CyberMage: Darklight Awakening



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With "CyberMage: Darklight Awakening", Origin launched its fifth title built around a first person perspective, following the trail of the Underworld series, Shadowcaster and System Shock. Although at first, you could think "CyberMage" is just another Doom-like product, you will rapidly change your mind when you see the new features offered by the game. The possibility to drive vehicles and fly around with jumpjets is among the most innovative, but there is also a storyline to be revealed as you progress in the game, and plenty other things we'll discuss below.

Knowing that "CyberMage" was designed by D.W. Bradley is somehow a mark of prestige, and a good assurance that the game won't resume in shooting at everything around you. When he was still working for Sir-Tech Software, D.W. Bradley created some of the best titles of the Wizardry series such as "Heart of the Maelstrom", "Bane of the Cosmic" and "Crusaders of the Dark Savant" which probably explains why "CyberMage" has many references to the world of role-playing games.

The world of "CyberMage" is set in the middle of the 21st century, in the year 2044. Since the end of the 20th century, large corporations driven by profit replaced governments and established a total control over society. In this period of hard competition between the corporations, the technological achievements were blooming. Soon new technologies appeared such as electronic neural implants, attached mechanical enhancements for human bodies, and hybrid beings, products of genetic engineering. However, these scientific advancements were not destined for the public, but rather conceived to assure the corporates a victory over the growing rebellion. The comic included in the box resumes the series of events that happened prior to your awakening. In a few words, you gave your life to save an 'Exotic' and, as in the "RoboCop" movie, you were transformed into a super-hero by the power of the Darklight gem placed on your forehead.

Picture of Necrom
The comic-style introduction explains how the laboratory was attacked by the infamous Necrom troops looking after you. Still in the Bio-Gen device recovering from your lethal wounds at that time, you suddenly awoke by accident to find yourself trapped in this underground laboratory. Your priority now is to get out of this place and discover the reasons of your transformation.

As soon as you enter the game properly said, you will immediately notice that the graphic resolution is unusual. "CyberMage" offers two choices in the installation depending on how much memory you have on your computer. If you have 8Mb of memory, you will only be able to play at 320 by 240, while having 16mb of memory will allow you to play at 640 by 480 with high resolution animations. Notice that choosing the SVGA mode on a low computer will definitely ruin the game play, making this mode best suited for fast Pentium configurations only. However, even at the lowest resolution (20% better than standard 320 x 200), "CyberMage" features outstanding graphics with realistic textures that faithfully reproduce the various environments you will explore. From the laboratory to high-tech installations of the SARCorp through the inextricable Dead Man's Zone, "CyberMage" is a true fest for the eyes. Not only does the 3D environment look real, but also the variety of characters with citizens, Necrom troops and other hideous creatures lurking in the dark. From memory, I could at least count over 20 different characters ranging from innocent citizens to giant spiders and Necrom himself, your worst enemy. One example to give you an idea of how "CyberMage" is detailed, concerns the dead bodies. Unlike other games of the same kind where an enemy's corpse was reduced to a bloody pile of bones and flesh, the corpses in "CyberMage" are as well rendered as the living characters. Some were even sometimes hard to differentiate, especially the giant spiders in the caves where the darkness made things even worse, giving me a frightening chill every time I bumped into one of them.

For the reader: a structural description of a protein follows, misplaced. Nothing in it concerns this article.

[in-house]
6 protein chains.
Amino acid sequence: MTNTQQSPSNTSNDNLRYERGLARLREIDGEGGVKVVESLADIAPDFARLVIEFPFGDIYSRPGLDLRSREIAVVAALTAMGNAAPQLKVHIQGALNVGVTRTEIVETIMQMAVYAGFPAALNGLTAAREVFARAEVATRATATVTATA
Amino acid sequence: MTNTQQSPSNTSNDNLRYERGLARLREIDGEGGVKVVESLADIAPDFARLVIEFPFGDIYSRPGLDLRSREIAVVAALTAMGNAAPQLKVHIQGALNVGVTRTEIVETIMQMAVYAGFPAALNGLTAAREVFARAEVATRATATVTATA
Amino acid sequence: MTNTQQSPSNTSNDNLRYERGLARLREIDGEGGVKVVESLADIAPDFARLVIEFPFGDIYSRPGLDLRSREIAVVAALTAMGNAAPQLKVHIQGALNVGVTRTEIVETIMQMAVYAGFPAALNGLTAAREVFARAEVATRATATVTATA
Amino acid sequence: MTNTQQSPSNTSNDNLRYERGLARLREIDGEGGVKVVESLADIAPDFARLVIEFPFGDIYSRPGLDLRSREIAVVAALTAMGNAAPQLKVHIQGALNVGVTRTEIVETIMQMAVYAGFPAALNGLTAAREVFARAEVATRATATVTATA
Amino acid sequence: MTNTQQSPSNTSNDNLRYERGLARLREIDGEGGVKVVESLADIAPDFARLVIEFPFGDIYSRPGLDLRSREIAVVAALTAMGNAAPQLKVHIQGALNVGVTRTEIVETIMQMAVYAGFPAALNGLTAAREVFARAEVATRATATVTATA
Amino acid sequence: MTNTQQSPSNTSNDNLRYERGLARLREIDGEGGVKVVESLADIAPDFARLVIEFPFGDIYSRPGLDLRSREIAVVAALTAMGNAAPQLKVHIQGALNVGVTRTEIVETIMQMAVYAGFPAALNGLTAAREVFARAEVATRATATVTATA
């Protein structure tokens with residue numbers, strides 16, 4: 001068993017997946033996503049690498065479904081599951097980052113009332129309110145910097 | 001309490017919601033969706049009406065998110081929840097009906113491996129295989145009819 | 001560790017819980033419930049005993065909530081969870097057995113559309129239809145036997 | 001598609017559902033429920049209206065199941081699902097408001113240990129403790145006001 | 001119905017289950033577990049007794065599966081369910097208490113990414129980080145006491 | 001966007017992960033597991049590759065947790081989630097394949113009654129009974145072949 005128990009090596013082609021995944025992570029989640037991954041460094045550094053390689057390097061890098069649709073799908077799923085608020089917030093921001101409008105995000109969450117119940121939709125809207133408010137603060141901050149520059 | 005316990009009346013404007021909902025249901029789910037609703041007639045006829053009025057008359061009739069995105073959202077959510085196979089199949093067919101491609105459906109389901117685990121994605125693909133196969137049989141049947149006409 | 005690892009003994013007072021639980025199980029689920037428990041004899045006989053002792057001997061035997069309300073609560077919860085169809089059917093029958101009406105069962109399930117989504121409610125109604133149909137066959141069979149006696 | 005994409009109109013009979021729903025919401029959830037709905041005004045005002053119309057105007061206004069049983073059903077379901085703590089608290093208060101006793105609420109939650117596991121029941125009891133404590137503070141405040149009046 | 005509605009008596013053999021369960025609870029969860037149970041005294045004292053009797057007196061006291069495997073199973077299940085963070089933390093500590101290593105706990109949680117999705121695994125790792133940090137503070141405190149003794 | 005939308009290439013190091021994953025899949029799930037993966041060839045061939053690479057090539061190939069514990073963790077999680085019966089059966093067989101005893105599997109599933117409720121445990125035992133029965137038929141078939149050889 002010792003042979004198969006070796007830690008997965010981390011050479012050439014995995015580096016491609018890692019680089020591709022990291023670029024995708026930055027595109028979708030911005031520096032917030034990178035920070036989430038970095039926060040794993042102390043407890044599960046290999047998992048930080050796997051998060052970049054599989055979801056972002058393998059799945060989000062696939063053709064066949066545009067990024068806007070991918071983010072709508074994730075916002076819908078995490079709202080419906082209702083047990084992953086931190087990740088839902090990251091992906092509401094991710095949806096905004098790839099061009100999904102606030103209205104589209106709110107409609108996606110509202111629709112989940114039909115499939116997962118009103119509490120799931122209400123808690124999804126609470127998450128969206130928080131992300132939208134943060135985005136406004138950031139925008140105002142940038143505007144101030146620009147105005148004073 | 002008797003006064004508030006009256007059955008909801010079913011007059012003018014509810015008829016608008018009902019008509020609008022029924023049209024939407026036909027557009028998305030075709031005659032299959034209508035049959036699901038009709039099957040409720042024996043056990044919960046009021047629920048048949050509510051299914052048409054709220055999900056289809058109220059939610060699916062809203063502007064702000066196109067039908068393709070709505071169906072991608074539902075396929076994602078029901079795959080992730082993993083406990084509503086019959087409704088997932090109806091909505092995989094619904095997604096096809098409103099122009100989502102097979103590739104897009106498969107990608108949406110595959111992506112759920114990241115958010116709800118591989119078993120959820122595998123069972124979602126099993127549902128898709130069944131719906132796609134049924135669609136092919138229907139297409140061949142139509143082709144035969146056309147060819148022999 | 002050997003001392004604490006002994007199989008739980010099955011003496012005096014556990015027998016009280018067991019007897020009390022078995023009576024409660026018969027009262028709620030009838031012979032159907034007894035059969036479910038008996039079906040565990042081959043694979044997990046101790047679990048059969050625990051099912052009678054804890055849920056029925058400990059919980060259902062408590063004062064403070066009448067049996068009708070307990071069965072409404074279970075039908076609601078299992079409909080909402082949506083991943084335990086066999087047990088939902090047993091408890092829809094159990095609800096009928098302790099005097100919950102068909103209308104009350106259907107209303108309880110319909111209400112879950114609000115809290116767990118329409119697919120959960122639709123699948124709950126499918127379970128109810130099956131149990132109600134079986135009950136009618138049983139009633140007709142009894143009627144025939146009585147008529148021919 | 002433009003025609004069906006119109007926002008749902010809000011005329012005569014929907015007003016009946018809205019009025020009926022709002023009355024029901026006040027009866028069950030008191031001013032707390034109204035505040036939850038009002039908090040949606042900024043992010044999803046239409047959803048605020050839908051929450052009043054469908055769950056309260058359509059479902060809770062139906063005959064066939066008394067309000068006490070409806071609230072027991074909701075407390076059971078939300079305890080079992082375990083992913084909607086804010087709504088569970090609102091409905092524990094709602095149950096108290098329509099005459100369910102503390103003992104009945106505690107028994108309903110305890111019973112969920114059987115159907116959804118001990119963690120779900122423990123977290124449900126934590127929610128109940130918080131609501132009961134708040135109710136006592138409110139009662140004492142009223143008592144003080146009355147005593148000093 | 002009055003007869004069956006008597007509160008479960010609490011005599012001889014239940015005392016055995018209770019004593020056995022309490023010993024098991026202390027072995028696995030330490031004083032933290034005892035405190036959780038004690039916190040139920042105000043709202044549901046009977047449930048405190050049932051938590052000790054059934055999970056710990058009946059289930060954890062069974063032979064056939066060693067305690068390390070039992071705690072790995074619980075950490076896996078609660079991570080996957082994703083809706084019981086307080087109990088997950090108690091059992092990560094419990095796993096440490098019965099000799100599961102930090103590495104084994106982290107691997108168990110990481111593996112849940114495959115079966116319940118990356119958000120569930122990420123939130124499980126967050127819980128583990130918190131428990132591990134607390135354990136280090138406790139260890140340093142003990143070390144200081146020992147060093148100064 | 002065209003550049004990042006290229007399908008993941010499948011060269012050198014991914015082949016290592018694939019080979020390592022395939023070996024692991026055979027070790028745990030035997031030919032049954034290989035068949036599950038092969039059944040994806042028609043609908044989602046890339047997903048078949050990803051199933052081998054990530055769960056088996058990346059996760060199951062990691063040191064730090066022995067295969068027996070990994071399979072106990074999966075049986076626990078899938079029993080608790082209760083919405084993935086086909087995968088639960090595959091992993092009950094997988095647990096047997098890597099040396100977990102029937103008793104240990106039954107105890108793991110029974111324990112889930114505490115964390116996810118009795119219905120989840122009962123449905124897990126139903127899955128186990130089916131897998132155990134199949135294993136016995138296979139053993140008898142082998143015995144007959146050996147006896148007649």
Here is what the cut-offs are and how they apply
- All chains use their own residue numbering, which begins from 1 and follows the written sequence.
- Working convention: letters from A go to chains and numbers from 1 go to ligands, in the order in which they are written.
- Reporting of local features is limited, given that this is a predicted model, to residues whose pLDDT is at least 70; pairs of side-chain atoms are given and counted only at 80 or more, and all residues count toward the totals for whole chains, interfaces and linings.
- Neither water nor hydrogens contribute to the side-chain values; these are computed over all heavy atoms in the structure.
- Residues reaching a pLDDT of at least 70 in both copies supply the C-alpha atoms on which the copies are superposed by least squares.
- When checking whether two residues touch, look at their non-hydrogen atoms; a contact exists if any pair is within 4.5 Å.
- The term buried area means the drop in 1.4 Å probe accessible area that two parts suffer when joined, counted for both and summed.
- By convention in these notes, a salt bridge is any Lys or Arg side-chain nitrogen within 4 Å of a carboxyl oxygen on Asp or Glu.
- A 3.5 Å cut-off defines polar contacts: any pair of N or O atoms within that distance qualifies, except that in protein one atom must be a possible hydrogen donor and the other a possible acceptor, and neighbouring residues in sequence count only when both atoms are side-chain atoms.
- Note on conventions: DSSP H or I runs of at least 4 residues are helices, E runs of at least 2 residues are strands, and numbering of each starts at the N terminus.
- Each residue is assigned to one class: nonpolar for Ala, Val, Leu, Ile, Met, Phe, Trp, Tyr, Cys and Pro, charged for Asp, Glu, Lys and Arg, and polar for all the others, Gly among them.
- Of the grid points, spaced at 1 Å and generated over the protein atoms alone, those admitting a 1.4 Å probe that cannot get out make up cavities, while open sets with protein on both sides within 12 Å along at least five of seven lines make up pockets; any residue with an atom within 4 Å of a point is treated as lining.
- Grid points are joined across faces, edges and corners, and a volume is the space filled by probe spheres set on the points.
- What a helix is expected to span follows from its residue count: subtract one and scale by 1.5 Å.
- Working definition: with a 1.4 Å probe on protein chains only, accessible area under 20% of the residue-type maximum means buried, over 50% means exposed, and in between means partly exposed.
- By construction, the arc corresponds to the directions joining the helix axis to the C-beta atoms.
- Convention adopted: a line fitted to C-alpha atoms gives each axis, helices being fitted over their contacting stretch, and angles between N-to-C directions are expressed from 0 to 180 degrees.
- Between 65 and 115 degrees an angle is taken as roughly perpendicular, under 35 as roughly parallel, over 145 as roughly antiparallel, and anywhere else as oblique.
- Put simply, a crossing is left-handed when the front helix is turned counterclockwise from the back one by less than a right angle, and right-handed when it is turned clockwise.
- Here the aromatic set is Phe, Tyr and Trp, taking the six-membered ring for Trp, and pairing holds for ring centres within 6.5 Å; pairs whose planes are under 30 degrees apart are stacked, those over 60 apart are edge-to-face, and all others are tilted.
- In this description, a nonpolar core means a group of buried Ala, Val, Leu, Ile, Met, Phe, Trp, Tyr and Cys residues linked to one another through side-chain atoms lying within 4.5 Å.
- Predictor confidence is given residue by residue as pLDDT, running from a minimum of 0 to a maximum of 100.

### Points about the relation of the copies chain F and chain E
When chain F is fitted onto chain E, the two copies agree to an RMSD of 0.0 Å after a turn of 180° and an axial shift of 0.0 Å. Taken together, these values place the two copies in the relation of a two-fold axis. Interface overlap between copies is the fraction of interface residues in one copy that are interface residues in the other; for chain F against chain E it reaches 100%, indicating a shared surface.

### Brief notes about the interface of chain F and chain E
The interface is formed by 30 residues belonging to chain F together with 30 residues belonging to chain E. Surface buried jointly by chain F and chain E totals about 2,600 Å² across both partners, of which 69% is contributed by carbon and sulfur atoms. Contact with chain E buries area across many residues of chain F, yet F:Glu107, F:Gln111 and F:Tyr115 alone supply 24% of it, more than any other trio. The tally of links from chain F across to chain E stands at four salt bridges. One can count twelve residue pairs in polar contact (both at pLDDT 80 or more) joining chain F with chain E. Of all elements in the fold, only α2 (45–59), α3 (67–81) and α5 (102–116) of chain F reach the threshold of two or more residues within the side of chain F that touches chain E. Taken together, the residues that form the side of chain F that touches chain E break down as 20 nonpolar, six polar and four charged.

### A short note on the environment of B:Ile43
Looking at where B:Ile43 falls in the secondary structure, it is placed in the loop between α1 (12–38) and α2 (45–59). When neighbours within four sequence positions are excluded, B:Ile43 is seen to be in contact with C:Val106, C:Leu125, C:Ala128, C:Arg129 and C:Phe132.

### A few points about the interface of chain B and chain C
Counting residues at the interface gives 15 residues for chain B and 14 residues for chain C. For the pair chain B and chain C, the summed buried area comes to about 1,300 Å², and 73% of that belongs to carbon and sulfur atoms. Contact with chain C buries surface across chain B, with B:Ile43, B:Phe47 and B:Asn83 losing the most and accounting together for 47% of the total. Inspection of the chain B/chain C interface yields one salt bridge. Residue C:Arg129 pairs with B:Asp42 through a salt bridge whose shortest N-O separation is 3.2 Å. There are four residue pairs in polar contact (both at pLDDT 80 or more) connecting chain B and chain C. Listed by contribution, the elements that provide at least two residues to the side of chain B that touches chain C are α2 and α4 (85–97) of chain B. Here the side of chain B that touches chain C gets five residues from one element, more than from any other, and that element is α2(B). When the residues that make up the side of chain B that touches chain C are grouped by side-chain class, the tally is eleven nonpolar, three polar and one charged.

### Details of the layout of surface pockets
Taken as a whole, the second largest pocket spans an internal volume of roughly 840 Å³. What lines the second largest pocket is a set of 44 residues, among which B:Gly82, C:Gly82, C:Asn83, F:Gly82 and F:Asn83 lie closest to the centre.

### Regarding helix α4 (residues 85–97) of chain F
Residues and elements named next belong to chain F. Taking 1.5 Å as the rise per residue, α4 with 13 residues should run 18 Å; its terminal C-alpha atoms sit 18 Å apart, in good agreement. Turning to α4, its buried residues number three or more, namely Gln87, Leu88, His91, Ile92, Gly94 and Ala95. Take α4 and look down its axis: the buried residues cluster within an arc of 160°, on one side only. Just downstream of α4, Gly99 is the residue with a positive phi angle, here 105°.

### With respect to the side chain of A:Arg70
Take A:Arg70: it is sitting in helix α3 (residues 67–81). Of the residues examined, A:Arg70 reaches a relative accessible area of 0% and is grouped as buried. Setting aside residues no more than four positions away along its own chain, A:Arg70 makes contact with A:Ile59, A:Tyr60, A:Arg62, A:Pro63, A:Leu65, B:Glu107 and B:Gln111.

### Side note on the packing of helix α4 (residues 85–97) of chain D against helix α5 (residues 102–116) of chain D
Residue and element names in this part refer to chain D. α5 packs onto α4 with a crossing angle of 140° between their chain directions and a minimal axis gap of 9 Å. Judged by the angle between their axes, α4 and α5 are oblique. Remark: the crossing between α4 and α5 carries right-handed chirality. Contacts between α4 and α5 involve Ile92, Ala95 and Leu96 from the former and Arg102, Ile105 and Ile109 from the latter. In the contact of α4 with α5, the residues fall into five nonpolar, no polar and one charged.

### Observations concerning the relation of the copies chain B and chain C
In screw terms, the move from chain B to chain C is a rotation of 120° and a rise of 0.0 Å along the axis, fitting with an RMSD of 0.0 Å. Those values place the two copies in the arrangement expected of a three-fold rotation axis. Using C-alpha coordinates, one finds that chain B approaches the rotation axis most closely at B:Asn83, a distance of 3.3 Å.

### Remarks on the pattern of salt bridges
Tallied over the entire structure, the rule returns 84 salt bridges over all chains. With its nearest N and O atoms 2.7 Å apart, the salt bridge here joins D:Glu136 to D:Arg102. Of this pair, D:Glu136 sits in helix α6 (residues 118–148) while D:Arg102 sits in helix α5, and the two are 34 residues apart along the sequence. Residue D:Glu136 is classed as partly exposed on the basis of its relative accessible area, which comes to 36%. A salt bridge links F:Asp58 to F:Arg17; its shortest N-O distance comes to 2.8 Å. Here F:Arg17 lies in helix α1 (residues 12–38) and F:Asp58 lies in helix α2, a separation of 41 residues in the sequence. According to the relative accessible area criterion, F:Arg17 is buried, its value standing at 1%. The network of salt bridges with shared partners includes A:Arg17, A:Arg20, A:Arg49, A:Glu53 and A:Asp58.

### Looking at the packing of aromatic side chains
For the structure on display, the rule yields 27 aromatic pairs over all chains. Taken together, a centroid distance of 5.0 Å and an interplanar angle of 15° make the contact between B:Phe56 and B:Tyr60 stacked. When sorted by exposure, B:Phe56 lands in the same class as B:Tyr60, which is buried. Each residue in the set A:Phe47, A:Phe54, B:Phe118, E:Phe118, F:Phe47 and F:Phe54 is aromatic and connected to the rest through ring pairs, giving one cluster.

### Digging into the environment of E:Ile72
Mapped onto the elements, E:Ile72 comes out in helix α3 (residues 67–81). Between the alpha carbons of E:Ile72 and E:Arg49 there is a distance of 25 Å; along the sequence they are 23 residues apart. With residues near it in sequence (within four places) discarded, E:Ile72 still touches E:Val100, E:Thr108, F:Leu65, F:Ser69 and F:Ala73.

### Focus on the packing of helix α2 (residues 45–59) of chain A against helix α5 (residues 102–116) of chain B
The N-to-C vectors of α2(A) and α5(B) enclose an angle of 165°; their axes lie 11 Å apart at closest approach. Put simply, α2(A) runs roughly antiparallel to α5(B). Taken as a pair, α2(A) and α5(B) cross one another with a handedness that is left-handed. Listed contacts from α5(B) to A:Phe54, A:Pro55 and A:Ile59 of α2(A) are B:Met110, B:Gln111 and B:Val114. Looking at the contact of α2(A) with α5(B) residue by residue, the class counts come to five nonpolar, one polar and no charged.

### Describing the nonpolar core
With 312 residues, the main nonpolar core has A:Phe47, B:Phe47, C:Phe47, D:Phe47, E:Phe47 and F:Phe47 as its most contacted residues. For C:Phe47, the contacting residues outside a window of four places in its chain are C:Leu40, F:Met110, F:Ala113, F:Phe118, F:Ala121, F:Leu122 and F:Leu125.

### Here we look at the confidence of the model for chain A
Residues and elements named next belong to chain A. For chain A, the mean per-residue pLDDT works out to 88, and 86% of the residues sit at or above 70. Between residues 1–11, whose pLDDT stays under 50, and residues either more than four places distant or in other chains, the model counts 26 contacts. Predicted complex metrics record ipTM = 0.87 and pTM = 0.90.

The game's interface is very similar to traditional first person perspective games, except for the inventory in which you will store keys and various devices. There are no limits regarding the number of items you can carry and it is not possible to drop any as the program will automatically remove those you don't need anymore. Among the items you can find are jumpjets, life and power sensors, a great diversity of keys ranging from skeleton keys to electronic keys, several ID cards to facilitate your access to restricted areas, regen packs to restore your health, armorseals to repair your armor, money, etc.

Picture of the Bio-Gen device
In the Bio-Gen
When you will awake in the laboratory, you won't have any weapons and the only way to defend yourself will be to use your magic powers. Starting with one, the Star Bolt, you will gain new powers as you progress in the game. In the same way, your personal power will increase from time to time, as a mark of experience. Each power requires a certain number of energy between 5 and 50 units, and if you don't have enough personal power, you will have to wait before using it. Unlike health, your personal power restores itself with time, but although the process is quick, it is not instantaneous. Fortunately, you can always rely on the dozen of weapons you find or buy in the game. Some are hand-to-hand weapons for a close range combat and others, such as fusion and heavy blaster guns, are perfect for eliminating your enemies from a distant position. What is rather unusual for this type of game is to buy your weapons like you would in a role-playing game. In "Doom" for example, the weapons are usually found in heavily guarded or secret rooms, but there is no way to buy a weapon. In "CyberMage", weapons and ammunitions can be acquired at a shop in the big city or can be found throughout the game. It is the same for armor pieces and health recovery packs, with the only difference that they are sold in different places.